If you are perverse enough to like a good story that makes Detroit look bad, Virgil Smith Jr. is the gift that keeps on giving.
You may have thought you were done hearing about him last year, when he left the state Senate and went directly to jail.
But he's out of the can — and back on the campaign trail, thanks in part to a Michigan Court of Appeals panel that seemed dreadfully ignorant of the news.
More on that later. But first — a little recap regarding the Virgil follies. Two years ago (May 10), the then-state senator got into a bit of a scrape with the law after he repeatedly blasted his ex-wife's Mercedes with an assault rifle in the wee hours of the morning. Virg, it seems, called the woman up and suggested she come over for sex, something most men don't tend to expect of their ex-wives. Apparently she came over and was scandalized to find he already had some woman in bed; Smith the younger never was very good about keeping those pesky details straight.
Well, one of the women allegedly attacked the other, a fight ensued, Smith repeatedly started beating his ex, and Virgie then showed his leadership qualities by blasting away at her car.
Nobody was hurt, but the car didn't survive.
With that, you might have thought Smith's career in politics would have been over. He was charged with a raft of felonies, and it seemed that he'd be on his way from the Senate to the Big House in Jackson, or somewhere.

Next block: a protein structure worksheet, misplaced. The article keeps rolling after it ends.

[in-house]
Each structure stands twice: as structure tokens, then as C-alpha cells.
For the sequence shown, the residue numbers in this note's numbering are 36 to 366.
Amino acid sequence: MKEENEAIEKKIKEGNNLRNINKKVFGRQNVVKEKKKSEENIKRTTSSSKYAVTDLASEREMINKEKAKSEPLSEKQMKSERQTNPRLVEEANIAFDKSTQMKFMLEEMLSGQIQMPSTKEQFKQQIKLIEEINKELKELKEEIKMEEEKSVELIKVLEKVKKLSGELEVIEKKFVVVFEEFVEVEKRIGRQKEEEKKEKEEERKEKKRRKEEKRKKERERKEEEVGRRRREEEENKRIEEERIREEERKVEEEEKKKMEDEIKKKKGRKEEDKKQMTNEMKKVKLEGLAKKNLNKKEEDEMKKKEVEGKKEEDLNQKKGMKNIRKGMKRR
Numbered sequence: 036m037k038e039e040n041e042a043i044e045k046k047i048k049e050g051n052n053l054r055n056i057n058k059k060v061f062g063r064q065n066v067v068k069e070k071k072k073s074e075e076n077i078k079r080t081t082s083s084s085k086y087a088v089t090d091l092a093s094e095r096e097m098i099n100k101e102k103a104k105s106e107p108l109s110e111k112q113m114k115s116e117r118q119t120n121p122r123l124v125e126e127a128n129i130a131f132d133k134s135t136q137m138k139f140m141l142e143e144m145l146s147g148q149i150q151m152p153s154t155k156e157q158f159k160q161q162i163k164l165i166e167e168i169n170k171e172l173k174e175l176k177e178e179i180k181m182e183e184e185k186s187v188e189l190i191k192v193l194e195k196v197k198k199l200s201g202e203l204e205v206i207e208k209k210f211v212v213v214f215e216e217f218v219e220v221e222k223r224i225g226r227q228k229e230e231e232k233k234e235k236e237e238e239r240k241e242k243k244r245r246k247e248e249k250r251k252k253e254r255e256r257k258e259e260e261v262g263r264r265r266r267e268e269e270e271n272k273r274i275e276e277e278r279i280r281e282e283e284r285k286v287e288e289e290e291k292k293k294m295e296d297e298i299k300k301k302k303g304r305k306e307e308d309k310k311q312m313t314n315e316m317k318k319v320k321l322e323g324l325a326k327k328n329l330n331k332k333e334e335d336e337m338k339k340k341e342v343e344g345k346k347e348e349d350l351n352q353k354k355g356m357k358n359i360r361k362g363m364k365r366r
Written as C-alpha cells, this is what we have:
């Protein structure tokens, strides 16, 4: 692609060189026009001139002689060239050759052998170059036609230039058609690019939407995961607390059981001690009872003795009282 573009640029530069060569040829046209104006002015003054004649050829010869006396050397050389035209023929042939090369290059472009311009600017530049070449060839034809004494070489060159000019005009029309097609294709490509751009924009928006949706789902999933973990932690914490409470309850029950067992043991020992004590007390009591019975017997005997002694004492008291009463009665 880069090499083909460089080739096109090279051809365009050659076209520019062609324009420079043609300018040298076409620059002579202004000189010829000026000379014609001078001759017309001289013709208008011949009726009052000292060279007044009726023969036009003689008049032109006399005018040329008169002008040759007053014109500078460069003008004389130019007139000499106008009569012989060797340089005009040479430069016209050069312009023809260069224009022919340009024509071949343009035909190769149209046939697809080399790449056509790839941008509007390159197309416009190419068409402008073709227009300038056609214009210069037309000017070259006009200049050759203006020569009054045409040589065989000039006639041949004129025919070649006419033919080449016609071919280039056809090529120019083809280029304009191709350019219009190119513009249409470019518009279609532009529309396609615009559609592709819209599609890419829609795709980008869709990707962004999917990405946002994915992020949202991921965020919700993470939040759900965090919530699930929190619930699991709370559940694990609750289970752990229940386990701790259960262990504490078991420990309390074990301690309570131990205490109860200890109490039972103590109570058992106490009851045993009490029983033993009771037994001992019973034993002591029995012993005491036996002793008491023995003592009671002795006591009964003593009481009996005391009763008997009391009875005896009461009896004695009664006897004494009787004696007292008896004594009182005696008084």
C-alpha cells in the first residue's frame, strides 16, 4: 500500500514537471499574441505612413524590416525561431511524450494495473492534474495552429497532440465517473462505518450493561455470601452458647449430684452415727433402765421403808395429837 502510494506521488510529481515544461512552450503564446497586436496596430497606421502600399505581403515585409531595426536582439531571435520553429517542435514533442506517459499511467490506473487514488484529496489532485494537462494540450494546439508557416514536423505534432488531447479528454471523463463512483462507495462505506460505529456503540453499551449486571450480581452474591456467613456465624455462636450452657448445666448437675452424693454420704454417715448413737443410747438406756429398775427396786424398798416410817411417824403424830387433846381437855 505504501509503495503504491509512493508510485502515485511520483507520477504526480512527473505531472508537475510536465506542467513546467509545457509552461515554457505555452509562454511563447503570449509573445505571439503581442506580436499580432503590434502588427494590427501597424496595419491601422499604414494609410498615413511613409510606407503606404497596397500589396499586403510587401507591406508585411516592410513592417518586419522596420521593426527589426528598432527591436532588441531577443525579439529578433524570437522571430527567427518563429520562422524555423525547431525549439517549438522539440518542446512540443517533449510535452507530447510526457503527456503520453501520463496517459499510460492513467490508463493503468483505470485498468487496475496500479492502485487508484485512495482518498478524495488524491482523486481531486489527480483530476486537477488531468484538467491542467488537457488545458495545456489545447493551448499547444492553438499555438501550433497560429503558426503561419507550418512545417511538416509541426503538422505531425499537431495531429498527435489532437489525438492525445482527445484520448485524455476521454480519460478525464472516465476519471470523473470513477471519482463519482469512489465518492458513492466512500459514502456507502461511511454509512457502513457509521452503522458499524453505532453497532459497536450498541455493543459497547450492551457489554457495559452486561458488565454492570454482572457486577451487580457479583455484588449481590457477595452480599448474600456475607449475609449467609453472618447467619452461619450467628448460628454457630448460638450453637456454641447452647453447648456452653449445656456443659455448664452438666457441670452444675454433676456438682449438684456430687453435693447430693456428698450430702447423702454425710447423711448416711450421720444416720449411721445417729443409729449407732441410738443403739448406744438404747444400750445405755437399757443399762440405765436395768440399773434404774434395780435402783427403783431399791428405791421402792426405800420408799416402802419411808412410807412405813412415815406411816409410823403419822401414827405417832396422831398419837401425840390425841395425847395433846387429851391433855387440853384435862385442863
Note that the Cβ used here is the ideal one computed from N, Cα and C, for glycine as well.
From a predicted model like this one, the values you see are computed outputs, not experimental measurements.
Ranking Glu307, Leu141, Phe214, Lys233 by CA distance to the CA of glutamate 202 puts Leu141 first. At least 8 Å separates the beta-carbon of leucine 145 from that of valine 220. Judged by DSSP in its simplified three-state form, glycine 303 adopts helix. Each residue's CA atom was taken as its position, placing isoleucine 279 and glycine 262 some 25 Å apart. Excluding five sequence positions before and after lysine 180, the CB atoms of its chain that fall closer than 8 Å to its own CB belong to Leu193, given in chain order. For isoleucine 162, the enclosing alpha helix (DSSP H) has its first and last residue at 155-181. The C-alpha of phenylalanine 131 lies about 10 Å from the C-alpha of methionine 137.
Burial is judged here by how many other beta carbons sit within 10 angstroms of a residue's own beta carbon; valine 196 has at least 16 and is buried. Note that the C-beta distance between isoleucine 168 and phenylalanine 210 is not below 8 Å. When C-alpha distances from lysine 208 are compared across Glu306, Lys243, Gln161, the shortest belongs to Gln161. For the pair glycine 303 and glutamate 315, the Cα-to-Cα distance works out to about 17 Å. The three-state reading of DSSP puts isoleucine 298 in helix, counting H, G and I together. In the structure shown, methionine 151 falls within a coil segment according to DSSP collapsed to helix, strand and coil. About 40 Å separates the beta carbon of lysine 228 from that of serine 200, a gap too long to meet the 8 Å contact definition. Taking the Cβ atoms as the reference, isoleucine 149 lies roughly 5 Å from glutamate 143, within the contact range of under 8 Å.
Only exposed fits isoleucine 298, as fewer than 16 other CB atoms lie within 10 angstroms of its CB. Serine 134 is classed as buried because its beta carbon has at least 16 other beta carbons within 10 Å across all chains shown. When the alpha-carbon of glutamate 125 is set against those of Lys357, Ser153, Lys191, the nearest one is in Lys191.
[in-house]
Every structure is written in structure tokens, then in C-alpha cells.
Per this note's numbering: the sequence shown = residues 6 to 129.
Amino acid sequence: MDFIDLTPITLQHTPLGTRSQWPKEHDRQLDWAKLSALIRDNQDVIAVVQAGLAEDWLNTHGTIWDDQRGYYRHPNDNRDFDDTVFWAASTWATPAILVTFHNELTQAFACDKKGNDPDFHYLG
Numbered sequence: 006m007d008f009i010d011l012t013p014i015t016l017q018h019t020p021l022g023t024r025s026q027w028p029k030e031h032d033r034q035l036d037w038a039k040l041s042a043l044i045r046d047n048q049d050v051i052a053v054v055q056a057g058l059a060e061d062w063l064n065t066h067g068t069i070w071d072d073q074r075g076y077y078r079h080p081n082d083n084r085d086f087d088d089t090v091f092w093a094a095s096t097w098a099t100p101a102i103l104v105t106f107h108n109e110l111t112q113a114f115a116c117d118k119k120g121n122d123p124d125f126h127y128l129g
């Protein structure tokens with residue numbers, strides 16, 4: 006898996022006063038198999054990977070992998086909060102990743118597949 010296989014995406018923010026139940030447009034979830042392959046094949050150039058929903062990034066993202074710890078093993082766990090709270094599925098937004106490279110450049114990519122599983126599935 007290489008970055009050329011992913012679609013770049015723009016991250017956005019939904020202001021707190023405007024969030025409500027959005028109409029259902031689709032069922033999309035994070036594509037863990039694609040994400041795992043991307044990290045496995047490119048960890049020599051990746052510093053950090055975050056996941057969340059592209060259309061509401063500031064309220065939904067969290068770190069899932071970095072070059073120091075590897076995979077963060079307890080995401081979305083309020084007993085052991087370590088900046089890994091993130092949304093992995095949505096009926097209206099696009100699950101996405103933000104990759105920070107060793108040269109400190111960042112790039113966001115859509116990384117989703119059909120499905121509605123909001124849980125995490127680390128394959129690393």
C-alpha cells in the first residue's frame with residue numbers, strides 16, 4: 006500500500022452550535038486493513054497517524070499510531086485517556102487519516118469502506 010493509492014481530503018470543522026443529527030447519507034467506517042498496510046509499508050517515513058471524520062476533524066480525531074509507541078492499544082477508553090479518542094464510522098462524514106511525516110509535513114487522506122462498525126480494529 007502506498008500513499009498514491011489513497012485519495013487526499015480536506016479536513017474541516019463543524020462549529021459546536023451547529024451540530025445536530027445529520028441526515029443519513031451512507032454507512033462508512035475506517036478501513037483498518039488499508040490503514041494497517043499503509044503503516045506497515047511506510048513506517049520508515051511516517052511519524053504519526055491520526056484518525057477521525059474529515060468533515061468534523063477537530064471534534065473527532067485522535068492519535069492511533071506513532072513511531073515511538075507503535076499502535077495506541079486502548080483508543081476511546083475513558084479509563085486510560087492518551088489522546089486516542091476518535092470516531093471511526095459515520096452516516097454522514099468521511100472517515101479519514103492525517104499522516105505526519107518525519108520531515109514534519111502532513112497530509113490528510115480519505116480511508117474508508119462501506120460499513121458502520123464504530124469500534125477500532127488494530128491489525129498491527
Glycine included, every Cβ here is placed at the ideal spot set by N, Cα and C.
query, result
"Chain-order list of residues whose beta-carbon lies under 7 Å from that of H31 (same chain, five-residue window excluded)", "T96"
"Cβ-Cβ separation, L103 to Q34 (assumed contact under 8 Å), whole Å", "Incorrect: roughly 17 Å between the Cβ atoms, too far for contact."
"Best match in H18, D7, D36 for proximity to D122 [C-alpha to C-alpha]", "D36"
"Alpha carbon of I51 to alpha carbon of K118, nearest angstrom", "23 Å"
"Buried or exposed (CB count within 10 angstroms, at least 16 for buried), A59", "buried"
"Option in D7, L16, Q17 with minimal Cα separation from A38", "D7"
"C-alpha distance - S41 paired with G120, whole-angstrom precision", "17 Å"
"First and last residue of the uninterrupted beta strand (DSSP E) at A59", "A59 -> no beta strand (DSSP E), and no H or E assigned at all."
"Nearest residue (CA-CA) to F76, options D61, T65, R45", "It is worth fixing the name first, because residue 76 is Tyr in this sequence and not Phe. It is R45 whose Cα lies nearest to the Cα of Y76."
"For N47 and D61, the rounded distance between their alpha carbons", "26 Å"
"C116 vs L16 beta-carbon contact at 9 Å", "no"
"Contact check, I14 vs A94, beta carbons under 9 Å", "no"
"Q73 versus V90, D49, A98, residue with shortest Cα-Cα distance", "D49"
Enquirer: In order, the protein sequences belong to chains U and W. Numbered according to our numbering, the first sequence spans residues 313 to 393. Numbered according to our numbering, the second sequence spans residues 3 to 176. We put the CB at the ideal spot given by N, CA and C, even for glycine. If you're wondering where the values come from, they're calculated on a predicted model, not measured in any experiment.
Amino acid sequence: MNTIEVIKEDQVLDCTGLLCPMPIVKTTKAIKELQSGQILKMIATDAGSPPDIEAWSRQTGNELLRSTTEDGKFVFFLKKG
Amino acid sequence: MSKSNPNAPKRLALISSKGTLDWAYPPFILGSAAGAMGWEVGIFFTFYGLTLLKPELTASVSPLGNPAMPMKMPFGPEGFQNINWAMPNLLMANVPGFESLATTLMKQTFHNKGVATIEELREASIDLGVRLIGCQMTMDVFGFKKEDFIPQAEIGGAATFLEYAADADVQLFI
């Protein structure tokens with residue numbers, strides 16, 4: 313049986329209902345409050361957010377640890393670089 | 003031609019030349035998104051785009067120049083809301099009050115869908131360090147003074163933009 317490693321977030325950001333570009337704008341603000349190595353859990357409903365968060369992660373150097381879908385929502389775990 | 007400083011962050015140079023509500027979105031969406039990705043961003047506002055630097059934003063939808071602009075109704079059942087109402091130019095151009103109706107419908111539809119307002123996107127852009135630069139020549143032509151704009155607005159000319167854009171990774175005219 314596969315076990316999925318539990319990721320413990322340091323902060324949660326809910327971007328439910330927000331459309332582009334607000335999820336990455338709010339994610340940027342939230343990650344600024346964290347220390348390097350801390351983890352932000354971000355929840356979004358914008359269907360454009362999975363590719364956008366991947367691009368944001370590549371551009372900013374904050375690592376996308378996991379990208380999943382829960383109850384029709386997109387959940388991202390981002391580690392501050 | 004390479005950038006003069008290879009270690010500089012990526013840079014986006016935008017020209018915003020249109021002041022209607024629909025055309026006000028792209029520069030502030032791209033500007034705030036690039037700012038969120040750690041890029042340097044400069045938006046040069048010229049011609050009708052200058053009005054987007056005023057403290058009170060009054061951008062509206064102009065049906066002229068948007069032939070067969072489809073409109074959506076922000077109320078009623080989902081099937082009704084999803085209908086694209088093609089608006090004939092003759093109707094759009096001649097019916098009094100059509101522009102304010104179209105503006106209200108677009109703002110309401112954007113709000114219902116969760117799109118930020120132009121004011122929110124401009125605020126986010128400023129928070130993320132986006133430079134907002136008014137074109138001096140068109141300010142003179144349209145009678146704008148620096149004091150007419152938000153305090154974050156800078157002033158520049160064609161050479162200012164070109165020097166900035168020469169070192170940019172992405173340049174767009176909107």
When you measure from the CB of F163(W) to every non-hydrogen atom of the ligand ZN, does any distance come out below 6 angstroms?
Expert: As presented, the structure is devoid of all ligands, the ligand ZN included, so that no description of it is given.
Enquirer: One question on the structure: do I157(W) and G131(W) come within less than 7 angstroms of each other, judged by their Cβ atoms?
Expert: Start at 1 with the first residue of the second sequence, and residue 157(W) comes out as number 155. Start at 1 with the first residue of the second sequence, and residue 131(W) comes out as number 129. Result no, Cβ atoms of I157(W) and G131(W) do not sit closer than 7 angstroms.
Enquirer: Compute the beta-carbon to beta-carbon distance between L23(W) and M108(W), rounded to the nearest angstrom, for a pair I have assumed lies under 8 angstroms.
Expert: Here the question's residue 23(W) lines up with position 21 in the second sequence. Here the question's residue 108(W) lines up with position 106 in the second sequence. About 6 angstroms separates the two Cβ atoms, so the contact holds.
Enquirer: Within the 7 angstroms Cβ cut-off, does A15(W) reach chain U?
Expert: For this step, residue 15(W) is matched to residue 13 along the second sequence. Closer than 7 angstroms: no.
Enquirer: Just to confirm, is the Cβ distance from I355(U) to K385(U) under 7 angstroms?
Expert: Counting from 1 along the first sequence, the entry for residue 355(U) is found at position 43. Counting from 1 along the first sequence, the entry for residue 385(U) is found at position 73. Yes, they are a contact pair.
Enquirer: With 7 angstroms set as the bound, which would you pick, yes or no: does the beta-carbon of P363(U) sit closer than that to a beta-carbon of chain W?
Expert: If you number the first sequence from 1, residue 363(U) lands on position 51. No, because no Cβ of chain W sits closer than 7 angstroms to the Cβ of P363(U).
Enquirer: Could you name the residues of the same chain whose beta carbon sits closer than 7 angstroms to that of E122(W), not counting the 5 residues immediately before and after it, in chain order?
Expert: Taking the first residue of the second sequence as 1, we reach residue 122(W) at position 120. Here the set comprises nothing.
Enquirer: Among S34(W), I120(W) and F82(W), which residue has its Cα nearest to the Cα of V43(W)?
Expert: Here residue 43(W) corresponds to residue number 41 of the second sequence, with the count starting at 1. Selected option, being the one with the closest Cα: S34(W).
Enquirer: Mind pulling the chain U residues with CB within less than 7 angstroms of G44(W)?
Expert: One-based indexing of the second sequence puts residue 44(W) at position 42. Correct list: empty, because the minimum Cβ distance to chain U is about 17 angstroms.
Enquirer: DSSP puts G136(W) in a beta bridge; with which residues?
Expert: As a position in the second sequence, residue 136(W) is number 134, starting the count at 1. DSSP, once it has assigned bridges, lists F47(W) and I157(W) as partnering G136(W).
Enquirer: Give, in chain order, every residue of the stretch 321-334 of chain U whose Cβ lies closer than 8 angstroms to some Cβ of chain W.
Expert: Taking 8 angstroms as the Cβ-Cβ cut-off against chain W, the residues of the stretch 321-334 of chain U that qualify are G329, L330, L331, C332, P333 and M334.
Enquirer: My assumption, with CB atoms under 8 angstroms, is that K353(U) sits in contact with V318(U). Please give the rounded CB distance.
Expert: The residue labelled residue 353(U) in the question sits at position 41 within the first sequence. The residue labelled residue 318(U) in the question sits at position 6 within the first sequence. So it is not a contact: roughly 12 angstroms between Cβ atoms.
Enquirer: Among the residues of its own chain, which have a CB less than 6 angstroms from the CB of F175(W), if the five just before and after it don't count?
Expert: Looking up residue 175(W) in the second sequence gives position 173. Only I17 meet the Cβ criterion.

He should have been. But the old boy network has coddled and protected Smith for most of his sad and sorry 37 years. Smith, you see, is the son of Virgil Smith, Sr., a former legislator and now a circuit court judge.
After an undistinguished career at Michigan State University, notable mainly for shoplifting convictions, Virg minor got elected to his father's old legislative seats, first the House, then the Senate. While a lawmaker, he was notable mainly for drunk-driving convictions, and for selling out to the insurance lobby. They gave him thousands; he became the only Democrat to support taking full benefits away from victims of catastrophic car accidents. There's much more, of course.
I've written about Virgie's squalid life in greater detail before, and hoped not to have to do so again. But he's now fighting to be in a position that could help torpedo Detroit's fragile comeback: He's running for City Council.
Now, it's easy to see why he would want to do this; he really has no skills of any kind, and given his resume, a private employer would have to be cracked to hire him.
Smith the lesser did promise not to run for any office for at least five years, as part of a plea bargain to avoid serious felony time in a major state prison, where he might have gotten to be someone's involuntary boyfriend pretty quick.
But promises and ethics never meant very much to Virgie, who frequently sold his own caucus out and voted with the Republicans in the year and a half he clung to office after the shooting episode. He wasn't going to give up his seat voluntarily; he was making $71,685 a year. He only quit as part of a plea bargaining deal, and then only until after his cell door shut.
That plea bargain also specified that Smith not run for any office for at least five years, the period of his probation. But Wayne County Circuit Judge Lawrence Talon said the requirement was improper, and voided it.